Upon removing the album from the envelope, however, I was immediately taken aback by the CD’s packaging. I had seen images of the album art online before its release, but the physical object was something to behold: on a rough cardboard surface—colored an off-putting mustard yellow—sits a glossy, embossed image of the head of a weeping, blond baby. Five other images of infant heads are scattered throughout the double CD packaging, boasting assorted, exaggerated temperaments ranging from serene to grotesque (my personal favorite is the baby on the back cover wearing an expression of bored condescension).
These pictures, drawn by L.A. painter Bob Biggs, were chosen by Gira after recording for the record had already finished. However, they gel surprisingly well with To Be Kind thematically. In fact, using a crying infant as album art seems to be the only sensible choice for a record so obsessed with primordial forms of vulnerability, worship, and rebirth.
Where The Seer was apocalyptic, To Be Kind is oddly redemptive. Naturally Swans couldn’t have outdone themselves in the brutality they covered in their last album, so Gira made the decision to go up instead of down. That title isn’t ironic by the way. In fact, I don’t think there’s a moment of irony anywhere to be found. To Be Kind is a genuine exploration of the unfathomably complex (and terrifying) ways we attempt to enact kindness. That’s not to say this music is nice though. Far from it. It pounds away at the listener for two hours with characteristic vigor and filth. “A Little God in my Hands” could be the lead song on a Swans Greatest Hits compilation as it essentially functions as a manifesto of their aesthetic. “Oh universe!/Sing in reverse!” Gira wails, “Eye full of sun, hand full of mud/Oh universe: you stink of love!” On The Seer, Gira used the profane to evoke piety, but on this record he does the opposite to achieve essentially the same effect. His eyes are cast upward, locked on the sun regardless of the blinding light. However, his explicit adoration of light brings about just as much pain, filth, eroticism, and love as when he’s worshiping the void. This isn’t blasphemy for its own sake; instead, it’s intended to show the blurry lines between the sacred and the profane, both of which inspire zealous devotion. Gira shows that the profane and the sacred are essentially one and the same in that they achieve the same thing. In response to being asked if Swans’ reputation for dourness and musical drudgery was accurate he simply responded, “Fuck that shit. The goal is ecstasy.”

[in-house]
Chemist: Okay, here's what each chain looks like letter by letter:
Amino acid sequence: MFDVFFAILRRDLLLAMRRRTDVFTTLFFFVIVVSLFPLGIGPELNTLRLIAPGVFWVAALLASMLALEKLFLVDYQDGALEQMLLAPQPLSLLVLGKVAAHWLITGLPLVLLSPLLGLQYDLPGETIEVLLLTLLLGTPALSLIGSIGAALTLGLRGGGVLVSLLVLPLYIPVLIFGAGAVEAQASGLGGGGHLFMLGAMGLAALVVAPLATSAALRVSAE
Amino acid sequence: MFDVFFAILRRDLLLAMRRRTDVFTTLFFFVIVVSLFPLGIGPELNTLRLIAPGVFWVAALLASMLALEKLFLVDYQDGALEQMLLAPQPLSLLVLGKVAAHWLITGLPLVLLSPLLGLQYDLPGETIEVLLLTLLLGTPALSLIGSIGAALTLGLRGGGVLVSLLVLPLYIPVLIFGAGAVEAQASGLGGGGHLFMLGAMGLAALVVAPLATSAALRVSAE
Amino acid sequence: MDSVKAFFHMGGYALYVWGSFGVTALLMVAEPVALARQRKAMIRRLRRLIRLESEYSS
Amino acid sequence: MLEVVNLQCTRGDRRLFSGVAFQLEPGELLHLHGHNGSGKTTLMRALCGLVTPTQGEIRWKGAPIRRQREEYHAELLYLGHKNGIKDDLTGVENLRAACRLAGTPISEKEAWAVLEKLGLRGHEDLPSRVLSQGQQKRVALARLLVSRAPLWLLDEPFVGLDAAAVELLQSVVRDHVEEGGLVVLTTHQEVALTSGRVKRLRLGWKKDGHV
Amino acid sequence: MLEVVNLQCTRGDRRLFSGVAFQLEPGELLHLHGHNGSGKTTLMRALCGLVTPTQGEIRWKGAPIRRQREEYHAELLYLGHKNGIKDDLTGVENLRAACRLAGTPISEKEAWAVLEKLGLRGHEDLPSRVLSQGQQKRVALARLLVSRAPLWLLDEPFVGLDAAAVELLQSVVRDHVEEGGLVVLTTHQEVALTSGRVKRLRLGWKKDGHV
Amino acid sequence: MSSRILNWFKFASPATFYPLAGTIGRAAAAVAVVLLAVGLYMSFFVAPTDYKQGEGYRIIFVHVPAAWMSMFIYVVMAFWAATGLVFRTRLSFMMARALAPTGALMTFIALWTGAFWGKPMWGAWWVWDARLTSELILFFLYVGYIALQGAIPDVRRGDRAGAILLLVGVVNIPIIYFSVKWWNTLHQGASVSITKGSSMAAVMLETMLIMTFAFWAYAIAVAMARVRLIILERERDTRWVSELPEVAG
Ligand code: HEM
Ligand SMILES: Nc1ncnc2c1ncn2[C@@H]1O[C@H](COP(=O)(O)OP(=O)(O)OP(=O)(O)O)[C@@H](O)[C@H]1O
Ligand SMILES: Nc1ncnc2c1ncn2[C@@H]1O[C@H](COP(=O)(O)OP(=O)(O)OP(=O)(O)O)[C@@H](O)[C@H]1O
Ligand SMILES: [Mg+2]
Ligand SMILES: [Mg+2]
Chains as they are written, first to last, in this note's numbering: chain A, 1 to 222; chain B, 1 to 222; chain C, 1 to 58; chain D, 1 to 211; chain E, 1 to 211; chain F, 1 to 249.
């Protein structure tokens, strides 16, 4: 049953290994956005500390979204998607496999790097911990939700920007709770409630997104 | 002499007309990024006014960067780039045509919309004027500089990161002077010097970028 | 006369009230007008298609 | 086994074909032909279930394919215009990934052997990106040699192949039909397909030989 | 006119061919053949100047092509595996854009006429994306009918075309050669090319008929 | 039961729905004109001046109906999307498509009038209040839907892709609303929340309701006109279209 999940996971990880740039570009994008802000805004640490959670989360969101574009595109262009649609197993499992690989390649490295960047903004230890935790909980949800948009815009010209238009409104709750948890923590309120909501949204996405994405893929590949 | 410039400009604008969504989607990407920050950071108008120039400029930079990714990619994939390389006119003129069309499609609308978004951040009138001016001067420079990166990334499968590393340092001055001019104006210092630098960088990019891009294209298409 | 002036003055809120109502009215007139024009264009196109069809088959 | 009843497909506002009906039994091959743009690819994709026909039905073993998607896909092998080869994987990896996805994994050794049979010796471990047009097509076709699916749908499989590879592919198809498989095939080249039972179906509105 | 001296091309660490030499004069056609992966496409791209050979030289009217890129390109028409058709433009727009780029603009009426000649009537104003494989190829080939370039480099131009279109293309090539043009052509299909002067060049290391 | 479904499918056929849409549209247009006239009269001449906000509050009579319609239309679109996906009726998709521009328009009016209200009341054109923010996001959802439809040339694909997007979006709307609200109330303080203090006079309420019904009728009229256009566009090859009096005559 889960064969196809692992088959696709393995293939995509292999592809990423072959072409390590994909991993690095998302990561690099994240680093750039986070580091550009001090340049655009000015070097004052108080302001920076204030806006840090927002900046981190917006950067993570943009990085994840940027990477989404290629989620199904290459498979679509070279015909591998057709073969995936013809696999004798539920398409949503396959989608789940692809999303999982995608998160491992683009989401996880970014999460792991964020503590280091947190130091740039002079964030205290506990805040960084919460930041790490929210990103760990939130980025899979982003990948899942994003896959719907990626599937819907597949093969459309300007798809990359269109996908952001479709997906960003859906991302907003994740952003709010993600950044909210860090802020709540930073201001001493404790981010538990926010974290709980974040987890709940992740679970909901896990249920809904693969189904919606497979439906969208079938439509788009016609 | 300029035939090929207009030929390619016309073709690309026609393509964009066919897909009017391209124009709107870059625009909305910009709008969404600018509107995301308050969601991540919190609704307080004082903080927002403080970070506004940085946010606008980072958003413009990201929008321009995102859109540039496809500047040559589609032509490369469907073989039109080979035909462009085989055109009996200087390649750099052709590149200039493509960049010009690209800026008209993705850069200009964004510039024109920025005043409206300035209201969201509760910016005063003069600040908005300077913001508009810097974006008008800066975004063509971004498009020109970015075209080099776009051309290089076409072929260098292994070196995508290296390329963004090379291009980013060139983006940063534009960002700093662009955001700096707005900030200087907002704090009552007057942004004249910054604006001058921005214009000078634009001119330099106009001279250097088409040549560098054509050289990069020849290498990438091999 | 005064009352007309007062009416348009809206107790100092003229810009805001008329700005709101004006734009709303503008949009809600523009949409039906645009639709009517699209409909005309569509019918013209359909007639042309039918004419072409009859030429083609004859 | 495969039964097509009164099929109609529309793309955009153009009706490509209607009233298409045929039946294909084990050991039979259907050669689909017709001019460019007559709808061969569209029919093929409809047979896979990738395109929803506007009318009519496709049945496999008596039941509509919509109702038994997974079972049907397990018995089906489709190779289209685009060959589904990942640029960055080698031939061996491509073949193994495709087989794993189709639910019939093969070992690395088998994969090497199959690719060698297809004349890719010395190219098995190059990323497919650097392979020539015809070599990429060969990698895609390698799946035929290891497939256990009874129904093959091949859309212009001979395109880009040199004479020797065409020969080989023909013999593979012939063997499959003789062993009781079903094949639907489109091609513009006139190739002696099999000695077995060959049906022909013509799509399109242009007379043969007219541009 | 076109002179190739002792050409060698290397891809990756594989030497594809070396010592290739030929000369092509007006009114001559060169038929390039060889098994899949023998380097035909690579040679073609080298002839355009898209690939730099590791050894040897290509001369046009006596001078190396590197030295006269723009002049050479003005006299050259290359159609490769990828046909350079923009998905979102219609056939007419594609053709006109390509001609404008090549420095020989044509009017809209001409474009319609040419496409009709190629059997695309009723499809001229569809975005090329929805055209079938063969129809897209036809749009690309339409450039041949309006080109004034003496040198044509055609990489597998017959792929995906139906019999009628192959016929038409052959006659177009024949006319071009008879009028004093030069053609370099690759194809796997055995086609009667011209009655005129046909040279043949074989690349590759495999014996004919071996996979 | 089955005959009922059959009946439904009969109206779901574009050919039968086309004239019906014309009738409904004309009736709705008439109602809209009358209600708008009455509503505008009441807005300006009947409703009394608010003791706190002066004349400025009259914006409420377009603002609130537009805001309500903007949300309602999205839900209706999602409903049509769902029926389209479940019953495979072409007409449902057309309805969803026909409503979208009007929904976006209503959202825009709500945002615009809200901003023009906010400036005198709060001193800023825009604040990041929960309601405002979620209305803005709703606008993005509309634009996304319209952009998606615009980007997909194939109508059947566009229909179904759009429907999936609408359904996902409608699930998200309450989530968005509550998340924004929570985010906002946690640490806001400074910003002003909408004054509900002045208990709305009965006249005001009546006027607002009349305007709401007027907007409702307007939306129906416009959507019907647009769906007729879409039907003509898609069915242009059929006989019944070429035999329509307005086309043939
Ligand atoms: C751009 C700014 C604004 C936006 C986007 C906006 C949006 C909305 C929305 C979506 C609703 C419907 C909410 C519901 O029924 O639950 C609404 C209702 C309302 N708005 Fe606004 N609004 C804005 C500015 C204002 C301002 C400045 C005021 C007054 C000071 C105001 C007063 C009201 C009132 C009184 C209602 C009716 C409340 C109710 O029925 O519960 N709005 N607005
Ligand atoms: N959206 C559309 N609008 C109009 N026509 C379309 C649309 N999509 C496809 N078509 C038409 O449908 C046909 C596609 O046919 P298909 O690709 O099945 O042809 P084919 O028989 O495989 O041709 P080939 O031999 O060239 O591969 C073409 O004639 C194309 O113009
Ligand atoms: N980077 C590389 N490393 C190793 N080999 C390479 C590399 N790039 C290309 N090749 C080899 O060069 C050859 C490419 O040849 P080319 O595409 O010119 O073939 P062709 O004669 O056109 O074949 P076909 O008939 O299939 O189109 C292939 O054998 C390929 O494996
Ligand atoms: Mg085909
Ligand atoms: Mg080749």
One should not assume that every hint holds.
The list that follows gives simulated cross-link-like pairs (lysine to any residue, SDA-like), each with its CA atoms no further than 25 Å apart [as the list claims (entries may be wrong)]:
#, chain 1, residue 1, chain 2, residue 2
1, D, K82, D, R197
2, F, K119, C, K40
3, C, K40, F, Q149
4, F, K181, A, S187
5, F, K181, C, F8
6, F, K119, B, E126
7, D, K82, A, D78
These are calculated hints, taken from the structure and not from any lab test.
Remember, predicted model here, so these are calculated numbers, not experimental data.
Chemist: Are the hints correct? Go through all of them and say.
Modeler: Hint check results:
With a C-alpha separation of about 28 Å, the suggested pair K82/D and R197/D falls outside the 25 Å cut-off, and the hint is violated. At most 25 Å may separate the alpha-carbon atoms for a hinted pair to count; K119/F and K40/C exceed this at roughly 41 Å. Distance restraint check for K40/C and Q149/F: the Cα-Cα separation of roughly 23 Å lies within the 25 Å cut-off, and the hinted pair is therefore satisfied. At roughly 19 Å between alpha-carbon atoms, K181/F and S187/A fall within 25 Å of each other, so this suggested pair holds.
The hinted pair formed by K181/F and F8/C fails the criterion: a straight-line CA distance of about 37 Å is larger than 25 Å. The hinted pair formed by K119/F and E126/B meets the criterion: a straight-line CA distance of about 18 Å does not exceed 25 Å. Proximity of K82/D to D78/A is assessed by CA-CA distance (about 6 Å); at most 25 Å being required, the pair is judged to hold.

Joshua Palmer is the former associate editor of 1966, a “journal of creative nonfiction,” and a recent graduate of Trinity University where he studied music, English, and creative writing.